World Series appearances for the Mets are measured in decades, (1969 to 1973 was 0.4 decades apart) not seasons. For all I knew, I could be in Wyoming the next time they played for the title. I purchased my seat in history as soon as the four-game dusting of the Chicago Cubs in the National League Championship Series was complete. The same pride I felt on my birthday swelled again on October 30, 2015. I questioned whether the middle-aged man beside me shimmied to the 80s rock blaring across the speakers or simply staying active to prevent hypothermia. He replied, “Noah Syndergaard will bring the heat for us! Believe you me!” He delivered the goods on the first pitch of the game.
With his team down two games in the best-of-seven series, “Thor” fired a 98 MPH fastball over Alcides Escobar’s noggin to intimidate and discomfort the Kansas City Royals’ shortstop. He sent Escobar packing with a blistering fastball one tick quicker. Nonetheless, our defensive blunders allowed a run to score. David Wright, team captain and longest-tenured Met, strapped on his cape and became the hero Gotham needed that night. The parabolic arc of his two-run home run was so pristine, fans reportedly found a pot of gold when it landed under them. High fives and fist bumps were passed around as “O Captain! My Captain!” echoed across our section.
When the Royals tried to spoil the mood with a run in the 3rd inning, Curtis Granderson set the place on fire with a homer of his own. A Thor imposter banged his faux-Mjolnir on the railing. Sal from Corona, Queens, his son and myself were bouncing in each other’s arms as if our crushes had agreed to one date. By the end of the 6th inning, I had been noogied, hugged and punched. By the end of the 9th inning, the Mets had gotten into the win column. I watched the highlights as soon as I got home to make sure I wasn’t down the rabbit hole. Nope. It actually happened and I saw it live. “As long as we hold serve at home, we could have two shots at the Royals to win it all.” That was where my mind was after the third game, already dreaming of Games 6 and 7. I learned a valuable lesson the next two nights, one that my team shielded me from for seven years: hope is a volatile temptress.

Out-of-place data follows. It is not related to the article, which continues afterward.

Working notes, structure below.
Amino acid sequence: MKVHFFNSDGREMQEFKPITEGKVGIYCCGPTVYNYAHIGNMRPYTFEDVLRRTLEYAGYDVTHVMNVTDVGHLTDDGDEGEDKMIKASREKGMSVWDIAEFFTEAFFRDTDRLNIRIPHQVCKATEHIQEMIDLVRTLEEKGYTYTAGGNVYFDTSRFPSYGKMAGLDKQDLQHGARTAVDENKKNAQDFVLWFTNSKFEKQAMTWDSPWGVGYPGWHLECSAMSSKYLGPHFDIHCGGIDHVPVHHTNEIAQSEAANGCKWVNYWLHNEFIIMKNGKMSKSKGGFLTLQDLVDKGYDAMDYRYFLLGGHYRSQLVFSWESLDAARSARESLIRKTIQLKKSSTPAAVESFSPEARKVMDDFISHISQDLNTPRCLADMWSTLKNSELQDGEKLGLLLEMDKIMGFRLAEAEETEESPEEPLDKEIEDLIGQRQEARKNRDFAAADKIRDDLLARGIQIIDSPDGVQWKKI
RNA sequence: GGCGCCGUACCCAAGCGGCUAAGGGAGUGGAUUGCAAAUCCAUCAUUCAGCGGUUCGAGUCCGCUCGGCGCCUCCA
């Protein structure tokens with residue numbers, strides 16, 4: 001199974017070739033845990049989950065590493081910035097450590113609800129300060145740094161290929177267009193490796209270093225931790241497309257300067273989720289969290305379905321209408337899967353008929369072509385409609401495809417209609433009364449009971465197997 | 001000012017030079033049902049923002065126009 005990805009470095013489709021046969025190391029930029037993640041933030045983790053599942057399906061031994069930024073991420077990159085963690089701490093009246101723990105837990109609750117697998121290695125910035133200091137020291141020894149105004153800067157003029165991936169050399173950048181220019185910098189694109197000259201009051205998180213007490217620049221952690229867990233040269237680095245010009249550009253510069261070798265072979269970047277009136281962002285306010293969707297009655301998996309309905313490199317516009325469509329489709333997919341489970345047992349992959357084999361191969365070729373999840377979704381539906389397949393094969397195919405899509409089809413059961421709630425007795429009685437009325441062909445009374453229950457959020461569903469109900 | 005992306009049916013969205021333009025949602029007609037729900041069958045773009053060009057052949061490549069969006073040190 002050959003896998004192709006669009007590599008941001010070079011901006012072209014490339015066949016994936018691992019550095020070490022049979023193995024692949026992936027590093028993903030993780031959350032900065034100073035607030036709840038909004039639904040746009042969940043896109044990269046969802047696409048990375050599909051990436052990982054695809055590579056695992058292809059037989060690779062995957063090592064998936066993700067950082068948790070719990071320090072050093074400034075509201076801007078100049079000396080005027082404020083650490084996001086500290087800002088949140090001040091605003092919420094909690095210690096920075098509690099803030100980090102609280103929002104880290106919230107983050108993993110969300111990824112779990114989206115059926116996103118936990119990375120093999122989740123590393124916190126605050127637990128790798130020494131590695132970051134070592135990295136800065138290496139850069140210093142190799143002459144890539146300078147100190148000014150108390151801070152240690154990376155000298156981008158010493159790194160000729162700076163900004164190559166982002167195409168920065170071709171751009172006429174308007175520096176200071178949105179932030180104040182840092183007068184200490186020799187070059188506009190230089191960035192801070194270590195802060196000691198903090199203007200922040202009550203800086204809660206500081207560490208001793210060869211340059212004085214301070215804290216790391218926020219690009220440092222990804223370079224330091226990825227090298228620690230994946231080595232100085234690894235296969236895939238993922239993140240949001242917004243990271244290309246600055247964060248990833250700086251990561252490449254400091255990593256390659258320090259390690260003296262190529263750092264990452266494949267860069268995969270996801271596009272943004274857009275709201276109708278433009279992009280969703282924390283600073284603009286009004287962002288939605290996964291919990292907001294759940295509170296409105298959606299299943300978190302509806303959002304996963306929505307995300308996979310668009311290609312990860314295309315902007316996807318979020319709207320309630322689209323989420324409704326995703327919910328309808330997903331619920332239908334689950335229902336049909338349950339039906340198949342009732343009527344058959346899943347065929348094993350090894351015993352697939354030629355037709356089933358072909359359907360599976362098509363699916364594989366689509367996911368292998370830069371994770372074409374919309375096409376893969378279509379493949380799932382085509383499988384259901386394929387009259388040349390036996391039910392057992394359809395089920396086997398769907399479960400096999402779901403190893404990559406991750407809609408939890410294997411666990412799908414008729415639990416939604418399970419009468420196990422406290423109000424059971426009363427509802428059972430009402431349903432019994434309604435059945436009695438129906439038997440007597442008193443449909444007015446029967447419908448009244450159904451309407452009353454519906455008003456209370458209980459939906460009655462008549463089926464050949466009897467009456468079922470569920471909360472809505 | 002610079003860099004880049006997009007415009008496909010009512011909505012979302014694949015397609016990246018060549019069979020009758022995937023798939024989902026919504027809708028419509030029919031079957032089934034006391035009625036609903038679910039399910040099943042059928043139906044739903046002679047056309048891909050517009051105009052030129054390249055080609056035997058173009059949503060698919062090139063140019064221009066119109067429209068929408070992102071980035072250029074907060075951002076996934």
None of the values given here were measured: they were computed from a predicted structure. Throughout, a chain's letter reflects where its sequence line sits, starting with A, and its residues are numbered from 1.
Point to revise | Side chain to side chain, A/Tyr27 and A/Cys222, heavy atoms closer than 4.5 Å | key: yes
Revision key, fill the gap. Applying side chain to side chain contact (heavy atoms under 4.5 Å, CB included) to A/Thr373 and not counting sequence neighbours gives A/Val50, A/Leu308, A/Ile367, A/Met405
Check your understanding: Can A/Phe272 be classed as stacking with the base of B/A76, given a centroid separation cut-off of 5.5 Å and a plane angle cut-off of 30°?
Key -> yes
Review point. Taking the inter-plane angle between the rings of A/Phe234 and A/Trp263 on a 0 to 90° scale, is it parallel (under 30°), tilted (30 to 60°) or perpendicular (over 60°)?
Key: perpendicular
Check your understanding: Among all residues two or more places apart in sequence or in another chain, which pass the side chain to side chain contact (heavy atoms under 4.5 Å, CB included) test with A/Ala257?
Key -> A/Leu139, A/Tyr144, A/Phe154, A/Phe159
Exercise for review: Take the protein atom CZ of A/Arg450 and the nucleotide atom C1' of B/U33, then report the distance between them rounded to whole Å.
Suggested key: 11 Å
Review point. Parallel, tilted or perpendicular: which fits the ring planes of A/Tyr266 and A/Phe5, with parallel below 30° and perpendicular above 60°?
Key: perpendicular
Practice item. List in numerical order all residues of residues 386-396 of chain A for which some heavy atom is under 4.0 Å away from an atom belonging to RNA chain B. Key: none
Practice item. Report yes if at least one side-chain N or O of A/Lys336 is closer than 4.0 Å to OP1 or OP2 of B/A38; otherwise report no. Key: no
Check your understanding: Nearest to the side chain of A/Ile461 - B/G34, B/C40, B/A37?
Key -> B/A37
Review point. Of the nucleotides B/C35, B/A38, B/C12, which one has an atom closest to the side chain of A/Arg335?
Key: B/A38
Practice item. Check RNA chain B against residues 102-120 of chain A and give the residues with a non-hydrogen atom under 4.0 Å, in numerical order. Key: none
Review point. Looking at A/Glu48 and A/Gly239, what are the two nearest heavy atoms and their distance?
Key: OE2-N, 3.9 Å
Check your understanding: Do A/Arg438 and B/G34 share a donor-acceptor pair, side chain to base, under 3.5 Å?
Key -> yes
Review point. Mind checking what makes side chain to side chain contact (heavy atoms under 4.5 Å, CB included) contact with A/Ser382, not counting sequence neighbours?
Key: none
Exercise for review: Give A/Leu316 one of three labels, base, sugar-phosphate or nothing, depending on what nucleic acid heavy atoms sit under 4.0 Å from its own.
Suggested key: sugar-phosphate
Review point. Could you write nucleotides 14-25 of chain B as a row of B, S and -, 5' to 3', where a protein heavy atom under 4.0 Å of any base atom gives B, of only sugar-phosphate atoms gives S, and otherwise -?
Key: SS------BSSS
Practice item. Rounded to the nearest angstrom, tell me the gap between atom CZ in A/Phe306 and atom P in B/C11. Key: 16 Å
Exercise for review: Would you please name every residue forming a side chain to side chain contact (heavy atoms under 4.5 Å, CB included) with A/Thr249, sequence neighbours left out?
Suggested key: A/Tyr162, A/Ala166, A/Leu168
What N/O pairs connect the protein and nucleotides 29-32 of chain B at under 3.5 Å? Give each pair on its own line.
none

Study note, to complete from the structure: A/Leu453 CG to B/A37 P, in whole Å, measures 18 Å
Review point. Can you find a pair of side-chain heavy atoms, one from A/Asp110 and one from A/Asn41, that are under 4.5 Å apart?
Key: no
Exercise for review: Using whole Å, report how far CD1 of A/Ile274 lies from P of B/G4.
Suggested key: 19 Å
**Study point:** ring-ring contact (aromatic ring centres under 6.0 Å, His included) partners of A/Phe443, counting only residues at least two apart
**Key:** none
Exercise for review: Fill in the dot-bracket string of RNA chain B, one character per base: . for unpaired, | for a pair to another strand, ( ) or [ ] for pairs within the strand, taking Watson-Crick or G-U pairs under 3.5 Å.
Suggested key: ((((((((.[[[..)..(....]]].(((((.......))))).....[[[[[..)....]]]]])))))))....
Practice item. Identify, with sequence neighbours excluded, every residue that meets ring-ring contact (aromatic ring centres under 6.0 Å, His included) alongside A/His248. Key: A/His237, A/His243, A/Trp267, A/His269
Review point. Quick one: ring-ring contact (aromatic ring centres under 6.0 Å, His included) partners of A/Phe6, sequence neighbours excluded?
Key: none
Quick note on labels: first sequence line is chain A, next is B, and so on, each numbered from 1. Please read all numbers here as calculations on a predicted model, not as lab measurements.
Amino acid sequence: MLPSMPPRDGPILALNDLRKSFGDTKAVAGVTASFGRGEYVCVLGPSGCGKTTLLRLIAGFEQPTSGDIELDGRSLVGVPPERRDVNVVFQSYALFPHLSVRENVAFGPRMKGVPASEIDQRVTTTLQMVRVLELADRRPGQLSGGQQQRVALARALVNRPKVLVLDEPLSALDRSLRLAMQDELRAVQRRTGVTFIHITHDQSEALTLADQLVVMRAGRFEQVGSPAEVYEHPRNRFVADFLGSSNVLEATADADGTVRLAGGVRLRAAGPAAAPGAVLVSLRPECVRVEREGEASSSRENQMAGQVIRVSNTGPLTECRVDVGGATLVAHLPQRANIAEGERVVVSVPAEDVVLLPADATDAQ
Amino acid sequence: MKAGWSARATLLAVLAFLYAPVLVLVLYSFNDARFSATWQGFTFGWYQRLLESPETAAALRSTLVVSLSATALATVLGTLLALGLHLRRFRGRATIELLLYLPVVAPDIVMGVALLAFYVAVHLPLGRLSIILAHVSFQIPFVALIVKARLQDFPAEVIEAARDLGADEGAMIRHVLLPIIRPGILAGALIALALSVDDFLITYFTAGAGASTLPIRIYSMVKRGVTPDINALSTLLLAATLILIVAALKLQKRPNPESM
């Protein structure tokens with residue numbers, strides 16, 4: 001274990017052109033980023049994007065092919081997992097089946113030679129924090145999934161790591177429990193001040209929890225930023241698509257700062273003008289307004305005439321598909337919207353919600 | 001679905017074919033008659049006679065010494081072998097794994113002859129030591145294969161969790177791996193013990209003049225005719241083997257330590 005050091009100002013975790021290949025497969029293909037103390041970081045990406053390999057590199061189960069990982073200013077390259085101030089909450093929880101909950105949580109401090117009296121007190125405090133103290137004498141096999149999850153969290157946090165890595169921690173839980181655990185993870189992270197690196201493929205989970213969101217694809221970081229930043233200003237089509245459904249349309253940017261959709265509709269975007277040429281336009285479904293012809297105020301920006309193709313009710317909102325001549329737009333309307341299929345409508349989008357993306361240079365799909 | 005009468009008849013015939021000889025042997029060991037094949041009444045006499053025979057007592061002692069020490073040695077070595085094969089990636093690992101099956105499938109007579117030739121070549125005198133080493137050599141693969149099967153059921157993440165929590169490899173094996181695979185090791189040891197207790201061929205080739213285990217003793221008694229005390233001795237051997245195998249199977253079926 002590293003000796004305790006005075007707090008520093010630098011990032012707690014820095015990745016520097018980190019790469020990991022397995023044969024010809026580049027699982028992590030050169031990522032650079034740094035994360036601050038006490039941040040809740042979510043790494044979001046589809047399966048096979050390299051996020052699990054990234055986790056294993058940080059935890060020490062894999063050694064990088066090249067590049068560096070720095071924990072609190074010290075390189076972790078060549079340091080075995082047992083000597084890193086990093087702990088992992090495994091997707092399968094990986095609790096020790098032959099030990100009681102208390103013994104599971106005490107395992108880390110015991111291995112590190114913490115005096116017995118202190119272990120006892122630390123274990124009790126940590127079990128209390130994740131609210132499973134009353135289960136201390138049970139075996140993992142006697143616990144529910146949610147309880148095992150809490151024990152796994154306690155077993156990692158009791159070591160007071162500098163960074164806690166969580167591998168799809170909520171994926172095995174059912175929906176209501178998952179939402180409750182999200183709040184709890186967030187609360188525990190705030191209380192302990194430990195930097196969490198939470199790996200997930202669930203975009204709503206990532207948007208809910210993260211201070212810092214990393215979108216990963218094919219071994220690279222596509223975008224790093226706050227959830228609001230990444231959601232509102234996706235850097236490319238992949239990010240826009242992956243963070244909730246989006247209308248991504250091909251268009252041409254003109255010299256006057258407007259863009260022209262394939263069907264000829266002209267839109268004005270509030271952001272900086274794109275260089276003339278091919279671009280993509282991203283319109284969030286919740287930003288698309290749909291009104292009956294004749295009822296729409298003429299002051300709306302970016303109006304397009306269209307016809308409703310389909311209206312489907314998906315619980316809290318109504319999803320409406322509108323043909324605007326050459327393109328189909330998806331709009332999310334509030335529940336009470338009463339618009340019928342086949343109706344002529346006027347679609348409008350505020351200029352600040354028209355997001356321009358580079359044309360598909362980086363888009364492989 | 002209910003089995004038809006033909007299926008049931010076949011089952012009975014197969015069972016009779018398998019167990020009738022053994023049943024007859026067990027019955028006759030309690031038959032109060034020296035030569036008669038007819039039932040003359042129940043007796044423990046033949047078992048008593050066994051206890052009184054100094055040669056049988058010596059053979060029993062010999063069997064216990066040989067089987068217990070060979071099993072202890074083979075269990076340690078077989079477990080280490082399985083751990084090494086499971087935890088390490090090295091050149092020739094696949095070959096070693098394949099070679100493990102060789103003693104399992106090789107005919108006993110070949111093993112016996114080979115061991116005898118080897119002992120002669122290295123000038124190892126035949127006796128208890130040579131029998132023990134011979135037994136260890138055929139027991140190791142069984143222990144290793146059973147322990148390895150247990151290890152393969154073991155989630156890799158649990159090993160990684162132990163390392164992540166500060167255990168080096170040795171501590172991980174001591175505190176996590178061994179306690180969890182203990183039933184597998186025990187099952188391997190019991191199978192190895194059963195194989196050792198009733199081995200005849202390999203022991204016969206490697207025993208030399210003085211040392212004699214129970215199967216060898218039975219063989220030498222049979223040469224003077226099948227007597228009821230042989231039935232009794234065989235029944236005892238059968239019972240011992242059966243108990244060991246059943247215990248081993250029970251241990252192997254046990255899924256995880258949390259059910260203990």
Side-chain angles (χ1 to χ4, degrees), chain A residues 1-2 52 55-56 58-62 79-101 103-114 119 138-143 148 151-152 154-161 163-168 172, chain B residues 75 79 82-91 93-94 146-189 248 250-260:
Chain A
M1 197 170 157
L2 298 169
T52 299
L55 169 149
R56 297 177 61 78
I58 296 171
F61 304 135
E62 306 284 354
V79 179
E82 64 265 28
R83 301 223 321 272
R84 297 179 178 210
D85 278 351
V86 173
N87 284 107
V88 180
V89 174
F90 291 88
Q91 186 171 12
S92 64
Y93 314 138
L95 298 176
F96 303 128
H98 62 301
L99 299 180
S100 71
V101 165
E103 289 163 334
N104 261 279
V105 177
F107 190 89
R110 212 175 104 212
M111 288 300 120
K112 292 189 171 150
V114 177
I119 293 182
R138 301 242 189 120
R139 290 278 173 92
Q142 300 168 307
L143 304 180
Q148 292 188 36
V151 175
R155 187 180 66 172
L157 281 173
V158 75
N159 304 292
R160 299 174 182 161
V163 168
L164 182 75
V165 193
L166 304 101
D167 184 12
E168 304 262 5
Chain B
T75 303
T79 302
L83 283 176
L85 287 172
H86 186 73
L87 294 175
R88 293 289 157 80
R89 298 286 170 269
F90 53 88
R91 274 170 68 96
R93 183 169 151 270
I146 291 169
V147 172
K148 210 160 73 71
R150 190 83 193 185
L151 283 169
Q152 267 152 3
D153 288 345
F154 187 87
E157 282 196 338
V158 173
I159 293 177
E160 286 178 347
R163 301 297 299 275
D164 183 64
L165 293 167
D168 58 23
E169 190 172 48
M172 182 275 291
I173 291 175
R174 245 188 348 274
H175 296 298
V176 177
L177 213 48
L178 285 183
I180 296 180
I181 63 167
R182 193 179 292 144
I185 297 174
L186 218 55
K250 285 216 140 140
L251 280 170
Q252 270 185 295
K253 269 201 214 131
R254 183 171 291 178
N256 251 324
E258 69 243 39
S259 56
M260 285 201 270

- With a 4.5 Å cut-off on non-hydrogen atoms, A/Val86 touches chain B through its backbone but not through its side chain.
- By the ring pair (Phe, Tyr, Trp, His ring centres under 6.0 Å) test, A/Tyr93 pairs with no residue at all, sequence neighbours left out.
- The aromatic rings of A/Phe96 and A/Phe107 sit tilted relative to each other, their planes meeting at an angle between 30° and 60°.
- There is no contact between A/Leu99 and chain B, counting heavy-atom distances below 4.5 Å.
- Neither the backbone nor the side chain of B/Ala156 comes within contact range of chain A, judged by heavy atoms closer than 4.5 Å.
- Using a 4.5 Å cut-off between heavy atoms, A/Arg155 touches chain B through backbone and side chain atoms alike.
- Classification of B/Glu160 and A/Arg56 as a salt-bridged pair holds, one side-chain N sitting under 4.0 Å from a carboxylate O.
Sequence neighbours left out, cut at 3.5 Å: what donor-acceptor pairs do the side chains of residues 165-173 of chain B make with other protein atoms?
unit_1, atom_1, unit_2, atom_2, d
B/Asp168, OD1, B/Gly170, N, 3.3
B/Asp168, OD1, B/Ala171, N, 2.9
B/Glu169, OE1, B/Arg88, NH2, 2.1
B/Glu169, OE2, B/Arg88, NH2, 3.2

The 2000 World Series ended in five games as the Mets watched the Yankees celebrate in Shea Stadium. The 2015 World Series ended in five games as the Mets watched the Royals celebrate in Citi Field. Once a Met, always a loser.